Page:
An analysis of data from a national representative cohort of 6,482 U.S. teenagers aged 13 to 18 suggests that every third teenager has suffered from one mental disorder and one physical disease — and these co-occurrences come in specific associations or combinations.
Researchers found that depression occurs together with diseases of the digestive system, eating disorders with seizures and anxiety disorders together with arthritis, heart disease as well as diseases of the digestives system.
These findings were reported by researchers from the University of Basel and the Ruhr-Universität Bochum and published in the scientific journal Psychosomatic Medicine.
According to the World Health Organization, chronic physical disease and mental disorders are challenging health care systems around the world. Previous adult studies suggest that physical disease and mental disorders not only randomly but also systematically co-occur.
In the new study, a research team led by University of Basel’s Dr. Marion Tegethoff analyzed how often and in what manner these associations already occur in children and adolescents. The study is part of a research project funded by the Swiss National Science Foundation.
The researchers found that more than one-third (35 percent) of children and adolescents reported at least one mental disorder and one chronic physical disease. The strongest correlation was found between affective disorders (e.g. depression) and diseases of the digestive system.
Adolescents with anxiety disorders were also found to have an above-average number of issues pertaining to arthritis, heart disease, and diseases of the digestive system. Similar correlations occurred between eating disorders and seizures (epilepsy).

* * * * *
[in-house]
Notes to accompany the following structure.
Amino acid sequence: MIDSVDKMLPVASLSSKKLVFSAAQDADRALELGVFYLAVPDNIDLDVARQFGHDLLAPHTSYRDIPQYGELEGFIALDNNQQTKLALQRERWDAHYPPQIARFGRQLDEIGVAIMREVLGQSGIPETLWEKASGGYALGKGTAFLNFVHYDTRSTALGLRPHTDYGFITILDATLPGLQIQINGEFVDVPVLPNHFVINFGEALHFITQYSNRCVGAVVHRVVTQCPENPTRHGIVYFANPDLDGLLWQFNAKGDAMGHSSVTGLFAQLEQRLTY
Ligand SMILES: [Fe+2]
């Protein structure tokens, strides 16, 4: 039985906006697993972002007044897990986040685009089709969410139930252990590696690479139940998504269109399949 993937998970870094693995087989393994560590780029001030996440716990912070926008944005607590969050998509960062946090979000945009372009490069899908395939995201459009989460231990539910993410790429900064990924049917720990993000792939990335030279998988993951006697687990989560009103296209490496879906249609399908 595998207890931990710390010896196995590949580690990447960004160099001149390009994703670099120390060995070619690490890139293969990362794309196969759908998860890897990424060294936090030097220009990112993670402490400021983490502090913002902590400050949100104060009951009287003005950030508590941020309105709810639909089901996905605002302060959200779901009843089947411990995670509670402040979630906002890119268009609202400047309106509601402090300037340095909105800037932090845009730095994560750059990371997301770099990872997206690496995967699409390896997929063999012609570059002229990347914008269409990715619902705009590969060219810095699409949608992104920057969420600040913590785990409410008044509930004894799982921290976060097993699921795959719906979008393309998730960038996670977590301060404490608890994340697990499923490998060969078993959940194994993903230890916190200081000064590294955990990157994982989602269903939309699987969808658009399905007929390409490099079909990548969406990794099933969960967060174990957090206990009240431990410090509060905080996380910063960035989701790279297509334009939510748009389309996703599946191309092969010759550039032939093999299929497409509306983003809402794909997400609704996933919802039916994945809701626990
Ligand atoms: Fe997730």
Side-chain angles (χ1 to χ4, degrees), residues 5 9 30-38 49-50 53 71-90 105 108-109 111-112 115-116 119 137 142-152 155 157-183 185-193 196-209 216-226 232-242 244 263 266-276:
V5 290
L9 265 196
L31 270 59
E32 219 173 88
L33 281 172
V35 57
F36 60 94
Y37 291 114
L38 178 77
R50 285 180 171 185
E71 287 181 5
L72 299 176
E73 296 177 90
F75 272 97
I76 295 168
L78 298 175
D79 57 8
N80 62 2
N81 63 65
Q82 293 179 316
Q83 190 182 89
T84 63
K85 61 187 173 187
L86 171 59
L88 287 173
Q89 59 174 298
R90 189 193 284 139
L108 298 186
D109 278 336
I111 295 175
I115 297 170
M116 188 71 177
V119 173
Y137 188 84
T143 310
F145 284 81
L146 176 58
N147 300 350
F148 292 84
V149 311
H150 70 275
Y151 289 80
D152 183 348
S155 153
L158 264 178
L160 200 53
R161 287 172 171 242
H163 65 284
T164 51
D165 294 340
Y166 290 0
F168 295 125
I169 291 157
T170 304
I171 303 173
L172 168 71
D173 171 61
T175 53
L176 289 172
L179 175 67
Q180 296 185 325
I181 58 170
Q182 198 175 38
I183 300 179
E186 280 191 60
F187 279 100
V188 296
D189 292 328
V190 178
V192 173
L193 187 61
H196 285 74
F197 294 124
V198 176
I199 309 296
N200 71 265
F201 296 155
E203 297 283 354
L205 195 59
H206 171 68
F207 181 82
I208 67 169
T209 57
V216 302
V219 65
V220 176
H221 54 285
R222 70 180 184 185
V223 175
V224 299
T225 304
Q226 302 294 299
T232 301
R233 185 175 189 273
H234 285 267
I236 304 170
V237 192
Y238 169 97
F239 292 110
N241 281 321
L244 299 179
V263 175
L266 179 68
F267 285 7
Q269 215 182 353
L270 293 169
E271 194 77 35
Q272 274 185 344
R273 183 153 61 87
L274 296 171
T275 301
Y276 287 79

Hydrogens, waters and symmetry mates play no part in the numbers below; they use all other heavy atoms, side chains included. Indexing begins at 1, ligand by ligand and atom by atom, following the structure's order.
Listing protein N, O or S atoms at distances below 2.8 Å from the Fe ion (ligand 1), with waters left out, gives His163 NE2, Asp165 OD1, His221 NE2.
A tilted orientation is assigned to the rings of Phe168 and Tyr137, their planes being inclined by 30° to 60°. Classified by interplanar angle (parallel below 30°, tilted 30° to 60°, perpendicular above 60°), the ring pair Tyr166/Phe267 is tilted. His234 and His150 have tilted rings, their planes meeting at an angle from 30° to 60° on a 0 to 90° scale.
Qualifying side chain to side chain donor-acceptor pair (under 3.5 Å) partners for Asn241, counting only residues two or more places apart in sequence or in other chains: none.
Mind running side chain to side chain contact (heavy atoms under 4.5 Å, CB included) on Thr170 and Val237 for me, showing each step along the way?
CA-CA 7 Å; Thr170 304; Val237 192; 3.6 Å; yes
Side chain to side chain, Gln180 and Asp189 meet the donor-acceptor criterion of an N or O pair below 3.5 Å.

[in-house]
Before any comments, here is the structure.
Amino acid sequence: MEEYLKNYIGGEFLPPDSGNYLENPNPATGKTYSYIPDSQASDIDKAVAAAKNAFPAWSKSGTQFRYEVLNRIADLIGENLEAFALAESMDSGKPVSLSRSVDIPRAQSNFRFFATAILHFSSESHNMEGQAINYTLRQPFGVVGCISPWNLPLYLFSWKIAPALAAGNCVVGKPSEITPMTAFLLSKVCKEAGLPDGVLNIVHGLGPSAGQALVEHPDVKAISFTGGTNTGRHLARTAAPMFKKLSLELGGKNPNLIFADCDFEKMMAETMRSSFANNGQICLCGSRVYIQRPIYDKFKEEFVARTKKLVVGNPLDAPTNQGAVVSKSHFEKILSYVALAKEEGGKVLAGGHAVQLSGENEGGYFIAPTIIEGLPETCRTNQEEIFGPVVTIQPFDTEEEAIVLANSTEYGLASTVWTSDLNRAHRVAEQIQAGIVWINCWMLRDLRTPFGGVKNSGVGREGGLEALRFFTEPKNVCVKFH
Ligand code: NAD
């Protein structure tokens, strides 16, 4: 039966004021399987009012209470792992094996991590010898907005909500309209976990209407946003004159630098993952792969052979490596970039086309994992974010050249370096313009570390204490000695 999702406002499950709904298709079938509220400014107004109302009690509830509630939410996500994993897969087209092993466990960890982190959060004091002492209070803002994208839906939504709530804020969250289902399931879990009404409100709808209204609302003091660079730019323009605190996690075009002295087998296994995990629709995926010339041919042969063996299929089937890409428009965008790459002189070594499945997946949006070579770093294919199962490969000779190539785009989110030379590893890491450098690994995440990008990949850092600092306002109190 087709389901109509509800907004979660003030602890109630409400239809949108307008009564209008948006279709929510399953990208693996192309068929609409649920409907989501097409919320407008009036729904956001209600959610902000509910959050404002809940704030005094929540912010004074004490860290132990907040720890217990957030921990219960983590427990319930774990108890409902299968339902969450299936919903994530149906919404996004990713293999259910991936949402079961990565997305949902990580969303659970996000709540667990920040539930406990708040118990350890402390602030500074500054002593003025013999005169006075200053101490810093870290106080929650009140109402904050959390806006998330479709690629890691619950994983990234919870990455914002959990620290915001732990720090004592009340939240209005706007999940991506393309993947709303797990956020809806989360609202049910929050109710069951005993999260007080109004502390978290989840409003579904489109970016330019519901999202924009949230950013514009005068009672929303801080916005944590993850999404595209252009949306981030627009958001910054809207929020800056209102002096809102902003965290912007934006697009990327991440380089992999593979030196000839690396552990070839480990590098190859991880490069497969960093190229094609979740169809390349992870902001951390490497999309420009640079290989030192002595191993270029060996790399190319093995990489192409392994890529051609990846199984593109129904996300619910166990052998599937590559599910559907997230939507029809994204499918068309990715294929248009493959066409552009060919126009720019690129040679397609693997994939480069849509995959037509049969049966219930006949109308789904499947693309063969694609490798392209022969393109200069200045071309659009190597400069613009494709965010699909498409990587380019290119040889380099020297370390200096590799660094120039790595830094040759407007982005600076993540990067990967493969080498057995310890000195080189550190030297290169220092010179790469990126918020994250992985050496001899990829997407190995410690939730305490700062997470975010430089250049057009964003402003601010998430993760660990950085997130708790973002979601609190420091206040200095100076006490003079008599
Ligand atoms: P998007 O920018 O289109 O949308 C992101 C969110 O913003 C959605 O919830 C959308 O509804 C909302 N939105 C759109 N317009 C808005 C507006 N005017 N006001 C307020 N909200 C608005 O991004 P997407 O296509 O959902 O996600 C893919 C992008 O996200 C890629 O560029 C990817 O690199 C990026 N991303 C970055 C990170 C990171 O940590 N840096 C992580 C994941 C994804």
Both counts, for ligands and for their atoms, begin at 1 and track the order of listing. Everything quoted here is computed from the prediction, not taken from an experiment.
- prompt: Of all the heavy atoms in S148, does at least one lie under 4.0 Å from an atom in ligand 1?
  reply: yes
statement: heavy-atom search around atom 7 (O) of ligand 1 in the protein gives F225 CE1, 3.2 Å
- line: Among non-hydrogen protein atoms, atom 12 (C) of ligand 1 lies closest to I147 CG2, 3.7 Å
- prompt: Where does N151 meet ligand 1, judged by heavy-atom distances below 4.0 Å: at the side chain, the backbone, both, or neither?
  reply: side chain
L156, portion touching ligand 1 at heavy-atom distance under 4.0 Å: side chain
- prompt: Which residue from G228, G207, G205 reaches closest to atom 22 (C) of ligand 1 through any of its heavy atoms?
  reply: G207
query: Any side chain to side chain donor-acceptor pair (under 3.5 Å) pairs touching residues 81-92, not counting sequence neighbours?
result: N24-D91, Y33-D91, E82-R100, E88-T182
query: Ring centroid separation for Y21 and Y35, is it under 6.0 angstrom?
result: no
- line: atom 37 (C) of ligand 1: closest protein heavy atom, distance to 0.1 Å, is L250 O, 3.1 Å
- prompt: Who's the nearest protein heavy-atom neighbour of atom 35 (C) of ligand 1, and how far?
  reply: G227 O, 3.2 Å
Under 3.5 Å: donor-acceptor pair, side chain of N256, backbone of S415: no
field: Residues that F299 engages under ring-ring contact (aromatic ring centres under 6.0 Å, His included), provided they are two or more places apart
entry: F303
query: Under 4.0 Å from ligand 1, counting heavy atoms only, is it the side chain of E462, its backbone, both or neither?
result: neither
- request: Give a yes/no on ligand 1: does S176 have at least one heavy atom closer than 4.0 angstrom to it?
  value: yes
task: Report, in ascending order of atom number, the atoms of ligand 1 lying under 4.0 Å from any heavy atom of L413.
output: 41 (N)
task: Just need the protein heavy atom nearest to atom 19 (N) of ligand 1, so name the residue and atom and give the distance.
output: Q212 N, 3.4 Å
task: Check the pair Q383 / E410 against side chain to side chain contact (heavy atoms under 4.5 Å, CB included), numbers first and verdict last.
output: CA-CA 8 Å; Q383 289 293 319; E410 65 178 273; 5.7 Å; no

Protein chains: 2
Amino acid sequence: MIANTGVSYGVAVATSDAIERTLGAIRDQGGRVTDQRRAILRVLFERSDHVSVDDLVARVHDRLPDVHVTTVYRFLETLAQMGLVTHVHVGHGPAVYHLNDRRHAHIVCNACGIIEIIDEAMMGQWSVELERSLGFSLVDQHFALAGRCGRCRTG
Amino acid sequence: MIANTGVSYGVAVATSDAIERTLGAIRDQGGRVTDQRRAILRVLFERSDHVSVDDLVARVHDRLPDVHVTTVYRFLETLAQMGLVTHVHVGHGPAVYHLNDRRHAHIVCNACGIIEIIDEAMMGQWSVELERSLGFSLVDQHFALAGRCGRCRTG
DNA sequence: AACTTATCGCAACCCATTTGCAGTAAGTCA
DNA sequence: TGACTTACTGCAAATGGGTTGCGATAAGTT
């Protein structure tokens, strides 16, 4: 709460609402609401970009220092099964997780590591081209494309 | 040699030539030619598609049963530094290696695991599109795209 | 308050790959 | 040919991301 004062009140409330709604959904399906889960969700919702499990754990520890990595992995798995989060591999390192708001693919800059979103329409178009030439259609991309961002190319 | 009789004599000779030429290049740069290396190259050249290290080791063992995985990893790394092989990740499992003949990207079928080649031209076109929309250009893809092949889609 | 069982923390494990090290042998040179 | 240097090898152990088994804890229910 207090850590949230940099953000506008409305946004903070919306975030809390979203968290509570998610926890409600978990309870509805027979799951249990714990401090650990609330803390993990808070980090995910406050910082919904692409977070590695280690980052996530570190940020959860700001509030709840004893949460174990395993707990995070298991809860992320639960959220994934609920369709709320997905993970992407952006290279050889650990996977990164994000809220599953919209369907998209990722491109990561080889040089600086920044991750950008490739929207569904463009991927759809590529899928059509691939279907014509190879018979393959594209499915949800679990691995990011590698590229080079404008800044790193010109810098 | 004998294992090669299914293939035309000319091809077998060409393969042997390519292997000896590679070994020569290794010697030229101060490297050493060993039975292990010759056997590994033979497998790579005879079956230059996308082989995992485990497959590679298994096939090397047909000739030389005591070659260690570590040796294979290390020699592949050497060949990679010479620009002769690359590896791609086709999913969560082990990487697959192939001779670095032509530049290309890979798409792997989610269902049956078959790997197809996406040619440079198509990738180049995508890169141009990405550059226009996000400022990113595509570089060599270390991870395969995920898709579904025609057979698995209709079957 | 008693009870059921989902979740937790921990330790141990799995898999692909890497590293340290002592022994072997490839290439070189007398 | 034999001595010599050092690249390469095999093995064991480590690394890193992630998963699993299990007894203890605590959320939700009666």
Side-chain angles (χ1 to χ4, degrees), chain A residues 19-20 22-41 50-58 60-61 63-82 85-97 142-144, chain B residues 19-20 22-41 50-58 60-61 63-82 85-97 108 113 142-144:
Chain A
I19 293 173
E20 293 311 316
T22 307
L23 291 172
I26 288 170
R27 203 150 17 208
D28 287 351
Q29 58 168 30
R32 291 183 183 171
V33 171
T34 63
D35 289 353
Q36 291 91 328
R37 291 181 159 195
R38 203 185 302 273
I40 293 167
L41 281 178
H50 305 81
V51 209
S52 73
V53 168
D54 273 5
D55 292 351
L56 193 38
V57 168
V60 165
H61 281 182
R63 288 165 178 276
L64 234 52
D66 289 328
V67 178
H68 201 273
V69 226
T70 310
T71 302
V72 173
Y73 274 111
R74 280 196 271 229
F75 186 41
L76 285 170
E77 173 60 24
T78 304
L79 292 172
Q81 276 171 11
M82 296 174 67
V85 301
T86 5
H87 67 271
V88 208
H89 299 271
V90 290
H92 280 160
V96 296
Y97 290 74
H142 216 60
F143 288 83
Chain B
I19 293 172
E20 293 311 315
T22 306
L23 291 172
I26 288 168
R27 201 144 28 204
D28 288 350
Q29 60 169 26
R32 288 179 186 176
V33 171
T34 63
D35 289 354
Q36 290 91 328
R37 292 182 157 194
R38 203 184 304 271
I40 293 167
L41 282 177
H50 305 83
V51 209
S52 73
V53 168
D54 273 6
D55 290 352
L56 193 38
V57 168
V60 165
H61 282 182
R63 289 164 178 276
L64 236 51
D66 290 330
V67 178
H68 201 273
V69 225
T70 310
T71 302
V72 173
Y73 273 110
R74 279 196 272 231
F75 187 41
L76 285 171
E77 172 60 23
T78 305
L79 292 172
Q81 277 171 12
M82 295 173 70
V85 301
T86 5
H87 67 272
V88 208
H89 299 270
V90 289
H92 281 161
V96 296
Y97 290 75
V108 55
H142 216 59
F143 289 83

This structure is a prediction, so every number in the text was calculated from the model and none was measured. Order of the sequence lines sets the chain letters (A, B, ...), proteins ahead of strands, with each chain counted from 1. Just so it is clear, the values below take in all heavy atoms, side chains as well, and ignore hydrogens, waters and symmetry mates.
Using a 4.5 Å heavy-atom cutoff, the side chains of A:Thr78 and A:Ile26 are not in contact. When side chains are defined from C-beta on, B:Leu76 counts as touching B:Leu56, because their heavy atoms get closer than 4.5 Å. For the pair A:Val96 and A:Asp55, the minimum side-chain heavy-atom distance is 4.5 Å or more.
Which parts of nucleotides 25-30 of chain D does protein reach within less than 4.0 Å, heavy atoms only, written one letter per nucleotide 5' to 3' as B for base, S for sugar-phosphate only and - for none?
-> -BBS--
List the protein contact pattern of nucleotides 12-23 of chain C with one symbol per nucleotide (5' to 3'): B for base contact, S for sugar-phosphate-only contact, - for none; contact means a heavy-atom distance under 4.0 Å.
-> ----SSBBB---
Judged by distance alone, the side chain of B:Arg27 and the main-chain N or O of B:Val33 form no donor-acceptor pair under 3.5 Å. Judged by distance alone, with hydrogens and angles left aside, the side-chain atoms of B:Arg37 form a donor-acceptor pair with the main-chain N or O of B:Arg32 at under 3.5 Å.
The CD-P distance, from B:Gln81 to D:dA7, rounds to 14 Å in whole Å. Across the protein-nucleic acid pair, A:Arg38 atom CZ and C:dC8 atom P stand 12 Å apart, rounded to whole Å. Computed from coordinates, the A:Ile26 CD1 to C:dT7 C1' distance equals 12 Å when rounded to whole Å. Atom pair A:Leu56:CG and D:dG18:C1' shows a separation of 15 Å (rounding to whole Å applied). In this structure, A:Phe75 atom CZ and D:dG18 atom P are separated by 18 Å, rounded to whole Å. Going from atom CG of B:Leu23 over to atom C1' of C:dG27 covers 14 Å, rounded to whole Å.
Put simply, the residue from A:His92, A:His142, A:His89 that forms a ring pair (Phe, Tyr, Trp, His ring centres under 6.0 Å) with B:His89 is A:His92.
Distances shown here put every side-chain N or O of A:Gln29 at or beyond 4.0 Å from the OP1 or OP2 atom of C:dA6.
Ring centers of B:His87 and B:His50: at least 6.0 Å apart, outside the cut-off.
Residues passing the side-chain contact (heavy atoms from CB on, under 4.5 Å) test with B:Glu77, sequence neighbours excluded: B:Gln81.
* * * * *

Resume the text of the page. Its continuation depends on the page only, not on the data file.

In the study, researchers determined that factors such as age, gender, or socioeconomic status of the adolescents did not account for these associations.
However, due to the cross-sectional design of the study, the results do not show if and how mental disorders and physical disease are also connected in a cause and effect manner.
“Future studies should identify risk factors as well as the biological and psychological mechanisms responsible for these associations, in order to develop interdisciplinary approaches,” said Tegethoff.
An interdisciplinary approach would take into account both the physical disease as well as the mental disorder. The approach would lead to better health care for children and adolescents and would prevent unfavorable long-term effects for individuals as well as for the health care system in general, explain the authors.
Source: University of Basel/EurekAlert!